Weight is Anything but Simple

A friend recently posted this article on Facebook – “An open letter from Piers Morgan to Tess Holliday: Stop lying to yourself Tess – you’re morbidly obese and it’s going to kill you“.

The next day, another friend sent me this article – “Everything You Know About Obesity is Wrong“.

As someone who has legitimately struggled with weight her entire life (and still does), I got very fired up about this topic. Read both articles, if you’re interested. But Ima tell you what I know from experience on the larger woman’s side of the fence.

<Climbs on Soapbox>

Women who are obese don’t need “help” understanding that they are overweight, or that “diet and exercise” are important. WE KNOW THAT.

The vast majority of us also know what it feels like to try and try and never be able to achieve what everyone thinks we should. We know what it feels like to have EVERY medical ailment we encounter blamed on weight alone, when our “fit” friends get a lot of non-weight-related, helpful suggestions. We know what it feels like to spiral into self hate and shame, and feel like we will never be good enough for anyone – especially ourselves.

Do I applaud laziness or ignoring your overall health? No. But size alone DOES NOT determine activity levels or health.

I’m a few BMI points away from being labeled as “morbidly obese” – though I’m nowhere near Ms. Holliday’s 300lbs. (Don’t get me started on the flaws of BMI). I also exercise 4-5 times per week and love riding my road bike with my husband. I am very conscious of what I eat and have identified the situations in which I am likely to overeat. I understand what types of foods are best for me nutritionally. I have healthy blood pressure and cholesterol levels. I’ve never smoked. I don’t drink much alcohol or soda. I drink tons of water.

This is not to say I’m perfect (far from it!), but the point is – my current BMI and weight are NOT a reflection of a person who is lazy, lacks motivation, doesn’t understand nutrition and exercise or who hasn’t made long-term lifestyle changes in the name of weight loss.

But someone who doesn’t know me wouldn’t guess that any of this is true.

Culture, people like Piers Morgan and (most disheartening of all), doctors, beat me over the head every day with the message that EVERYTHING would be better if I would just lose the weight. They rarely ask or consider what I’m doing or what I’ve tried in the past – they just look at my body and assume I need to be educated about “healthy living”.

Have you ever gone to the doctor for a bad cold and left with a 10-page brochure, stapled to the back of your visit summary, about “how to achieve a healthy weight”, even though weight wasn’t discussed at all during your appointment? I have.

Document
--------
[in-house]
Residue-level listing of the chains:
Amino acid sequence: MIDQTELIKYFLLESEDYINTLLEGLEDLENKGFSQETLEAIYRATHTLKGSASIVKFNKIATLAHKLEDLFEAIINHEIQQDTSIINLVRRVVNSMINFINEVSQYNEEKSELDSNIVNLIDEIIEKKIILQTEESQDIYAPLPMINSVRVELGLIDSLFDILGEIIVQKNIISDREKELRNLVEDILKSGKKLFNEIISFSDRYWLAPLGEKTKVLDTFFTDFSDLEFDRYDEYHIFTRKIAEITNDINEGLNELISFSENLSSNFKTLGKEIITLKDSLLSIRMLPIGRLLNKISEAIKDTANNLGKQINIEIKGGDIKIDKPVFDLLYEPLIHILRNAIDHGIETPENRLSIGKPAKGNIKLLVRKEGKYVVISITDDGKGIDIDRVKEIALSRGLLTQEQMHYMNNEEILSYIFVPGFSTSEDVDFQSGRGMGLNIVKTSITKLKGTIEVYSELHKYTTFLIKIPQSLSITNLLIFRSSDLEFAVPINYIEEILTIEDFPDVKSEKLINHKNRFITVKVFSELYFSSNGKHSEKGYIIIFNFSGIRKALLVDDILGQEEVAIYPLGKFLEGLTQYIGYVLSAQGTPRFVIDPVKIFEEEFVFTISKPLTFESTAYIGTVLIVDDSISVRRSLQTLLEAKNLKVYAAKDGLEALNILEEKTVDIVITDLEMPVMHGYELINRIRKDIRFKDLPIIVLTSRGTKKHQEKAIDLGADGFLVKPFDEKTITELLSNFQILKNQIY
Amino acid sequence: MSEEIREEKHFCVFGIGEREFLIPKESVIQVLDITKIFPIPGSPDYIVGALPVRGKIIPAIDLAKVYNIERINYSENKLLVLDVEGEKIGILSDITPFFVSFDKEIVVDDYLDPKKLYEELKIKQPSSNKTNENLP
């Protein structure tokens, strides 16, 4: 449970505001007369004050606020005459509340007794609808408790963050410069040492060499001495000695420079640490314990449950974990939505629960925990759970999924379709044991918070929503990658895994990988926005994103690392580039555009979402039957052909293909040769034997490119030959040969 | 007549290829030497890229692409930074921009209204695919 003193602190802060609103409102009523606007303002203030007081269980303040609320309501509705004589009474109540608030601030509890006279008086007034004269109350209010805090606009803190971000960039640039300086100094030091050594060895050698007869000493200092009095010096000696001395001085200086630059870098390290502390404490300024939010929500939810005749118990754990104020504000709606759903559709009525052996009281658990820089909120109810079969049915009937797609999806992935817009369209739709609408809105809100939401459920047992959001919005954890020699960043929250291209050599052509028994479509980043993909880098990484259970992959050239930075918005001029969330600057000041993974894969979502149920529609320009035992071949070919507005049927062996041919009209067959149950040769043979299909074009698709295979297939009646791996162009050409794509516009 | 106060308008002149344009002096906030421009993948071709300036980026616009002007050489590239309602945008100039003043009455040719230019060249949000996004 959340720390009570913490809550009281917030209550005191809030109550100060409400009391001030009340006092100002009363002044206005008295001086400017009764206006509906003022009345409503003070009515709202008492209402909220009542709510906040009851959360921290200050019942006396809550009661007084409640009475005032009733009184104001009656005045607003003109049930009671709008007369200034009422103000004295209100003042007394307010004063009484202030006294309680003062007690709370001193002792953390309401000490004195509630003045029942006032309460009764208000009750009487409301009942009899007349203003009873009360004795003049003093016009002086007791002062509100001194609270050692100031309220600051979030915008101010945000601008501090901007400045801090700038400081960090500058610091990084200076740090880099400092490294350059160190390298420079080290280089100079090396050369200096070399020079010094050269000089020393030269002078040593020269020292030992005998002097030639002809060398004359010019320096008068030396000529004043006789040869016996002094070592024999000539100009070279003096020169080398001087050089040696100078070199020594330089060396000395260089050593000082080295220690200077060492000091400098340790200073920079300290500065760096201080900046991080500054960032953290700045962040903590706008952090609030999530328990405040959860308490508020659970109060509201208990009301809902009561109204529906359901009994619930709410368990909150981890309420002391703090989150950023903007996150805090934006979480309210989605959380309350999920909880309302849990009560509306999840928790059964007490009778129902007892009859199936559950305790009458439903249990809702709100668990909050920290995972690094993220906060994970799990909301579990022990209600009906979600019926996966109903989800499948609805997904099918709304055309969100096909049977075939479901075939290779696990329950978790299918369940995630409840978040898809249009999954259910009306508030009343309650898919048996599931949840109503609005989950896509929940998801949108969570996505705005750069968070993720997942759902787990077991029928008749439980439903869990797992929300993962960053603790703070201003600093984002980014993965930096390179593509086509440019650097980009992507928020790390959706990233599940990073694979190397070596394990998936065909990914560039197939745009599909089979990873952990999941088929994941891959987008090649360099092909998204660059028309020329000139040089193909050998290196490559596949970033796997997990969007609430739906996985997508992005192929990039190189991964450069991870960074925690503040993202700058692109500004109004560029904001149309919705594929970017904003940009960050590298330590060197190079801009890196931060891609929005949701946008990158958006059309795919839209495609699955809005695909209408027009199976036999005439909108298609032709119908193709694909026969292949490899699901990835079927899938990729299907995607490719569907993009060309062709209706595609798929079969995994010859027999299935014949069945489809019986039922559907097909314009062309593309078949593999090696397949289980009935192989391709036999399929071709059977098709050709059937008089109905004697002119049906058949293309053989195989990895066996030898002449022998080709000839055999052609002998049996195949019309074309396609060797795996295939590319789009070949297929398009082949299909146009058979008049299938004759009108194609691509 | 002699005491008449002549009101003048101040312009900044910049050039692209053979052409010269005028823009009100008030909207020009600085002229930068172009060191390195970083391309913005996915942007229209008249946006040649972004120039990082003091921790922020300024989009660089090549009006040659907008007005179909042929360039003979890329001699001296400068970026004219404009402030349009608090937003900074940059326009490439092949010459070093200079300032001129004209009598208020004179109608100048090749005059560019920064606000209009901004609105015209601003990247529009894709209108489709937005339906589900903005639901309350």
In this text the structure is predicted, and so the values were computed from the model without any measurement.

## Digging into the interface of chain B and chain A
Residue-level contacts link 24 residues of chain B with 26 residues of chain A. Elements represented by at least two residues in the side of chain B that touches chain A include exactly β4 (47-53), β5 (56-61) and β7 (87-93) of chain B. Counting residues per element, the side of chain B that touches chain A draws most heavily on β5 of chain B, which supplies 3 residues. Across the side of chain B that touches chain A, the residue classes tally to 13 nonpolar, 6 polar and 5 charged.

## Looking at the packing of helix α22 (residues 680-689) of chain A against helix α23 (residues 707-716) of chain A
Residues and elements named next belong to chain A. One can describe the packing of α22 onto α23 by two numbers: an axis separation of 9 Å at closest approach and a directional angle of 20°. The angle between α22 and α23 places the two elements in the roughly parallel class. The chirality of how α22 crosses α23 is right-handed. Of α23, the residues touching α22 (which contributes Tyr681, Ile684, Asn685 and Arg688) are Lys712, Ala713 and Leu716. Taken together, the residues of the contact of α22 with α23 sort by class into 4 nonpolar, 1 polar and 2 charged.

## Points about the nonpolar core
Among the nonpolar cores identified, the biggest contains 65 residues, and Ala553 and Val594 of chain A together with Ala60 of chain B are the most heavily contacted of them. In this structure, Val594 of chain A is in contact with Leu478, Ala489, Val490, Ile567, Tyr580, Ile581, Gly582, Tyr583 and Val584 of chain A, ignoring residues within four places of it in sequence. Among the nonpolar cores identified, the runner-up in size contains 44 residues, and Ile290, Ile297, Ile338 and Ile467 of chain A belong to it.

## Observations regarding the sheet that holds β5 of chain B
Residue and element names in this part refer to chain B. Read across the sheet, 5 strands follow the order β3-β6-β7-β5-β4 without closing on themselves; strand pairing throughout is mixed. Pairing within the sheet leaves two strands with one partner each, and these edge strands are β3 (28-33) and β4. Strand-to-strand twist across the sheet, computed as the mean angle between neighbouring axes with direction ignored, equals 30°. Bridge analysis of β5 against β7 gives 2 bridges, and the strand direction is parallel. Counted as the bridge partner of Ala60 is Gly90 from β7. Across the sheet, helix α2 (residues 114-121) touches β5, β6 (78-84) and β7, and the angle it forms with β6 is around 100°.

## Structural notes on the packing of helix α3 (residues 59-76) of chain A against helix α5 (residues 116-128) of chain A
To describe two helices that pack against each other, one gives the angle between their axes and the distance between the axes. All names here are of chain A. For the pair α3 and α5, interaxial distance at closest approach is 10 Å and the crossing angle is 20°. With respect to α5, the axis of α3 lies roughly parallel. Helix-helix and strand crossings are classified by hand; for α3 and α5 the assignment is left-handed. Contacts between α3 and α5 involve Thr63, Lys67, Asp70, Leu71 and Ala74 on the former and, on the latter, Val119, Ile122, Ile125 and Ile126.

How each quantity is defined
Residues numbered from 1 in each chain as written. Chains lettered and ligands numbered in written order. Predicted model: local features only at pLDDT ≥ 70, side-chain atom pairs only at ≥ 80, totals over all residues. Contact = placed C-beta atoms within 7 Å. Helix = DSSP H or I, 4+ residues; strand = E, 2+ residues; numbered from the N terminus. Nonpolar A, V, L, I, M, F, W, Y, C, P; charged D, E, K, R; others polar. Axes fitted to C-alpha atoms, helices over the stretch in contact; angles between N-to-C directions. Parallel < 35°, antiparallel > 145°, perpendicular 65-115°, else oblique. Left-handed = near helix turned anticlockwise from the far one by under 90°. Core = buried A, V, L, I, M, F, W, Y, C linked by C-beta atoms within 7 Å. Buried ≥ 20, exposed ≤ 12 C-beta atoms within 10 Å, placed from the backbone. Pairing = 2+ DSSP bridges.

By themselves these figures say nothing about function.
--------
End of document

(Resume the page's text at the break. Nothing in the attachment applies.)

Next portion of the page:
Have you ever started having back pain (without a change in weight), and been told by your doctor that you “just need to lose weight”, with no other suggestions or concern? I have.

I’ve paid thousands of dollars to trainers, counselors and other professionals in hopes of fitting into the sizes I’m told I SHOULD be wearing.

It’s a subtle but incredibly common, insidious message sent to millions of women every day – weight is the problem and you are a failure because you haven’t lost it.

The truth is that a woman’s weight is a very complex issue, one that is individual to each of us and extends beyond simple diet and exercise “rules”. Our bodies need different things on different days. We each metabolize food differently. Most of us navigate through stress, hormonal fluctuations and medications on a regular basis – all of which impact our weight. There are major mental components, too – self-hatred over weight can lead to depression, which can cause weight gain or difficulty losing weight.

Life is short. If I never lose another pound, I’d much rather find a place of self-acceptance than continue to beat myself up in order to acquiesce to the demands of an increasingly cruel and judgmental culture.

P.S. Piers – I’m sure all the overweight women out there really feel like you get it, since your doctor wants you to lose 15lbs, you work out 3-4 times per week and you’ve filled us in on the fact that “losing weight isn’t easy”. Color me inspired! 

One thought on “Weight is Anything but Simple

  1. Have you ever been told in a first appointment with a new gynecologist, while we were sitting in his office before any medical exam or vitals, “You should consider weightloss surgery”. I have

    Thanks for sharing. Being overweight is tough, not just for the actual health reasons, but the parts of society that i feel like i miss out on. Still working on finding my own happiness in my health and acceptance. Glad to hear im not alone on the journey

    Liked by 1 person

Leave a Reply to Jessi F Cancel reply

Fill in your details below or click an icon to log in:

WordPress.com Logo

You are commenting using your WordPress.com account. Log Out /  Change )

Google photo

You are commenting using your Google account. Log Out /  Change )

Twitter picture

You are commenting using your Twitter account. Log Out /  Change )

Facebook photo

You are commenting using your Facebook account. Log Out /  Change )

Connecting to %s